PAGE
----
In its investigation of the capital market assumptions held by pension fund managers, Horizon Actuarial Services found that they expect asset classes such as real estate, private debt and infrastructure have a total return outlook that is similar to or better than that of large cap stocks. over the next 10 years.
These investments benefit from the economic recovery and their status as “strong hedges against inflation”, explains Corso.
John Bowman, executive vice president of industry association alts CAIA, says huge global infrastructure deficit makes infrastructure investments, sometimes in partnership with municipalities, “the best-kept secret of the alternative buffet “.
That’s not to say they aren’t without risk and complexity. While income-oriented alternatives have performed well over the past 18 months, “in a risk-free environment, net asset values ââcan decline over a short period of time,” says Michael Sheldon, chief investment officer at RDM Financial Group. âWe often limit a client’s alt position to around 5% of total assets. He also tends to favor offerings from some of the bigger companies with bigger brands, including
Starwood Real Estate Trust
Richard Daskin, head of RSD Advisors, recommends getting into these funds after a market downturn. âThe time to accept an illiquid investment is when there isn’t a lot of liquidity,â he says. âThat way you get rent for your cash. “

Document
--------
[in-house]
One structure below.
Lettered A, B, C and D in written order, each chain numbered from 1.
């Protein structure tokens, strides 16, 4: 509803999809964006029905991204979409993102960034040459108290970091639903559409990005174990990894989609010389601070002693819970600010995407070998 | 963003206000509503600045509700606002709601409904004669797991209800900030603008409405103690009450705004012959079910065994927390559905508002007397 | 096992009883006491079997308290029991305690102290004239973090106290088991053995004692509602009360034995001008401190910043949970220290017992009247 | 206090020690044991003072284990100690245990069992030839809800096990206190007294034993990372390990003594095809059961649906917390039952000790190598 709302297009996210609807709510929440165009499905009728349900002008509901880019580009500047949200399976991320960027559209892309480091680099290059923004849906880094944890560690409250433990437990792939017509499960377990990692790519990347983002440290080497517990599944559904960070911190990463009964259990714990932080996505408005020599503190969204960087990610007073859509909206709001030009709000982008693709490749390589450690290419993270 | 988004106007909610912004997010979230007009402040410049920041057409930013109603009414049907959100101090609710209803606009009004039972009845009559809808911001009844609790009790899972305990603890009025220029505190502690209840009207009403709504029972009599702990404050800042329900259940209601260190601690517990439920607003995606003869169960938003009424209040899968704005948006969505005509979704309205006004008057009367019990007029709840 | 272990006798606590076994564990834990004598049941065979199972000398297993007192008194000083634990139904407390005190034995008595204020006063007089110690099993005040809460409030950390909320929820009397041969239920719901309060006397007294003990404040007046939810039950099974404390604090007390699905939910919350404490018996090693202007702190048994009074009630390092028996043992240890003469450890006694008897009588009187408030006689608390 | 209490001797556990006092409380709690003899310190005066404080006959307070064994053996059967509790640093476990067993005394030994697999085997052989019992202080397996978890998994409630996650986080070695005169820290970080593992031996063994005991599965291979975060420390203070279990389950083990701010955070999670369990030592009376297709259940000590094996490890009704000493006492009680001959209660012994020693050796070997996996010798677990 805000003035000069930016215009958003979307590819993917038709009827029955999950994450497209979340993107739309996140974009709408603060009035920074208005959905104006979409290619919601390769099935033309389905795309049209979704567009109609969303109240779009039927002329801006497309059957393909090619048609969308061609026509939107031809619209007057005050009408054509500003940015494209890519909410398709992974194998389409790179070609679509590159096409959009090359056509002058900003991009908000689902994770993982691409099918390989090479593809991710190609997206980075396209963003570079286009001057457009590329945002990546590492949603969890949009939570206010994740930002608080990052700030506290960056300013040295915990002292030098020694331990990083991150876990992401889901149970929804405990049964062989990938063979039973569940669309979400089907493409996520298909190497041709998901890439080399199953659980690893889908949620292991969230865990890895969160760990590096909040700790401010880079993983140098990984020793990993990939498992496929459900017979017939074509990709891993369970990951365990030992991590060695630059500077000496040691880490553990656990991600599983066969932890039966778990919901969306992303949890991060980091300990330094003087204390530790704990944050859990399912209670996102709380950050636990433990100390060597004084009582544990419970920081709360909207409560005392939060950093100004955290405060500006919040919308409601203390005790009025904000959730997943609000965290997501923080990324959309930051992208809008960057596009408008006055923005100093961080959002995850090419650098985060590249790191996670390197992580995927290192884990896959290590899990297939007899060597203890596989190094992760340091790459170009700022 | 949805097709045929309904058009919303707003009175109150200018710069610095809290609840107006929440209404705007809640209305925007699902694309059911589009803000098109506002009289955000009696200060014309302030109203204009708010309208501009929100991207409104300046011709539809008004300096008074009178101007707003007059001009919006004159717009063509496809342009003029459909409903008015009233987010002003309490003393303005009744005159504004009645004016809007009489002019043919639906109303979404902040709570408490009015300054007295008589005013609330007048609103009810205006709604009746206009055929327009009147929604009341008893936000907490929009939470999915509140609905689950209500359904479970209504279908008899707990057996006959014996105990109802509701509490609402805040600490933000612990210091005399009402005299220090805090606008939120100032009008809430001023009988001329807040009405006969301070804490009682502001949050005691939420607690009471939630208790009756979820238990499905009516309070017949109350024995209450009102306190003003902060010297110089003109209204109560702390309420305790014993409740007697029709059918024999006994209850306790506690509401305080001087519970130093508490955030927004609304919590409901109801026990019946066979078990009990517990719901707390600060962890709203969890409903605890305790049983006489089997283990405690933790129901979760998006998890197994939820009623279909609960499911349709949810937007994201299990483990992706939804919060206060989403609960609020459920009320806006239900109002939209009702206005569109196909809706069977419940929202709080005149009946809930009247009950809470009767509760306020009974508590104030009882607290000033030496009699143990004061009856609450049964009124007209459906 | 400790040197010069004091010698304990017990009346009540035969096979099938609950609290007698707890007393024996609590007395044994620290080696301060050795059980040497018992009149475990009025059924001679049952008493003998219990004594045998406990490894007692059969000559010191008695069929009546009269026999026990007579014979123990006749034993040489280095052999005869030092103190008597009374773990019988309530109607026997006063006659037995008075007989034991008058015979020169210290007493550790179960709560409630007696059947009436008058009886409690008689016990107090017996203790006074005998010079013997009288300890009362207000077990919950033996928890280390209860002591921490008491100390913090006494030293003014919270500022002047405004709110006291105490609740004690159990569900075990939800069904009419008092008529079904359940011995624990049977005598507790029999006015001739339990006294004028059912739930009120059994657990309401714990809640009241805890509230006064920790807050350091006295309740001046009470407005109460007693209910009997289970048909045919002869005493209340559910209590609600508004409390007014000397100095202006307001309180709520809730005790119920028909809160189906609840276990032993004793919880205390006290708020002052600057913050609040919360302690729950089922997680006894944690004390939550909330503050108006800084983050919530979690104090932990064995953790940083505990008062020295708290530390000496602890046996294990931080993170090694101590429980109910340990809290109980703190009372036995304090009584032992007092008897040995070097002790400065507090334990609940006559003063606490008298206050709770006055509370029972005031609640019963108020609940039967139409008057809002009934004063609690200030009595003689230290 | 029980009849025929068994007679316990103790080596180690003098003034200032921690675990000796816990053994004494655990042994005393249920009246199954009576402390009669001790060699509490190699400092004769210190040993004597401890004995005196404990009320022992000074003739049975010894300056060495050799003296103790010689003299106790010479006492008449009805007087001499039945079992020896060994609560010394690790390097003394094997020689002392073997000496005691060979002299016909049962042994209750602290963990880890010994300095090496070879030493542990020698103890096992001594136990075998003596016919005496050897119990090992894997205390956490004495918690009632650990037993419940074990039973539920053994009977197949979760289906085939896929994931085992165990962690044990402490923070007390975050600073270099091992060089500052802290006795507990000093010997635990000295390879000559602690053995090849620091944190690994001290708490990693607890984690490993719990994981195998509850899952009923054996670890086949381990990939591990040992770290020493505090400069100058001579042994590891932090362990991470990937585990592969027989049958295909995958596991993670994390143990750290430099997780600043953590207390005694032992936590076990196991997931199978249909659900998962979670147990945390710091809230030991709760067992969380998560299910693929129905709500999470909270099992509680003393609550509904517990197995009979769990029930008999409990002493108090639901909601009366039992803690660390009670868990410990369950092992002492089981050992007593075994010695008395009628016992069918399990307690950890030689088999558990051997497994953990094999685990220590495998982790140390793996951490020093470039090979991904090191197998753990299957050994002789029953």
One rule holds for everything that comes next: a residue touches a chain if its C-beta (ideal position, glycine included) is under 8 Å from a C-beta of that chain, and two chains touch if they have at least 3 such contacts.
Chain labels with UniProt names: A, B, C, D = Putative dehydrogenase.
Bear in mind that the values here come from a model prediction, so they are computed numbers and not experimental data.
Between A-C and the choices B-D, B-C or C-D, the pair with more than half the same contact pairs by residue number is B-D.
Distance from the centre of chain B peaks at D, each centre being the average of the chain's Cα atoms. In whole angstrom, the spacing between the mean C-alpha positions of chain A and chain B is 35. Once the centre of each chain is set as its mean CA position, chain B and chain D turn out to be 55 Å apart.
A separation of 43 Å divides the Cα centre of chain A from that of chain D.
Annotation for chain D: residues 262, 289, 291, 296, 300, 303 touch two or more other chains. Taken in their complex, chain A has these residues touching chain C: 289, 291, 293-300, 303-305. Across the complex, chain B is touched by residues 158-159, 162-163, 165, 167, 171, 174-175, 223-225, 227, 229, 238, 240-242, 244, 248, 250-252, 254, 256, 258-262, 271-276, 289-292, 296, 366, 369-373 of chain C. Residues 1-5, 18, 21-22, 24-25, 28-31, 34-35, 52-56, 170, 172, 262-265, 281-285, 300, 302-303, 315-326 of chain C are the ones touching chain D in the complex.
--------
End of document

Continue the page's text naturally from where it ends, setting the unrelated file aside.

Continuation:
Funds can have very high minimums and are often only available to high net worth individuals who qualify as âaccreditedâ or âqualifiedâ investors through a financial advisor. Investors interested in these asset classes can start by asking their financial advisors what relationships they have in place. Some use leverage and may include additional tax complexity. Some private funds may be included on a 1099 tax form, but others may require the extra work of completing a K-1. âInvestors need to do their homework and understand the details of what they are buying,â says Sheldon.
Listed mutual funds, closed-end funds, or BDCs that invest in private credit, real estate, and infrastructure are available, but they may not be pure games, or they may be traded on stock exchanges, which adds volatility.
For example, the
Blackstone secured loans
(BXSL) is a publicly traded BDC that holds securities similar to those of Blackstone Private Credit. âSome investors like BXSL for its daily liquidity, but it is subject to stock market volatilityâ and may trade at a higher or lower net asset value than its book value, says Joan Solotar, Global Head of Private Wealth Management Solutions from Blackstone. “Others prefer the private option, where you don’t have to worry about a premium or a discount.”
Still, investors who don’t have access to higher yielding private funds might find publicly traded options in certain categories of income-producing assets that are worth considering, says Harris of Verdence: âThey add more. diversification to portfolios at a time when stocks are at all time highs and you’re not getting much return from fixed income. There really is no better time to have diversified strategies in your portfolio.
Write to Amey Stone at [email protected]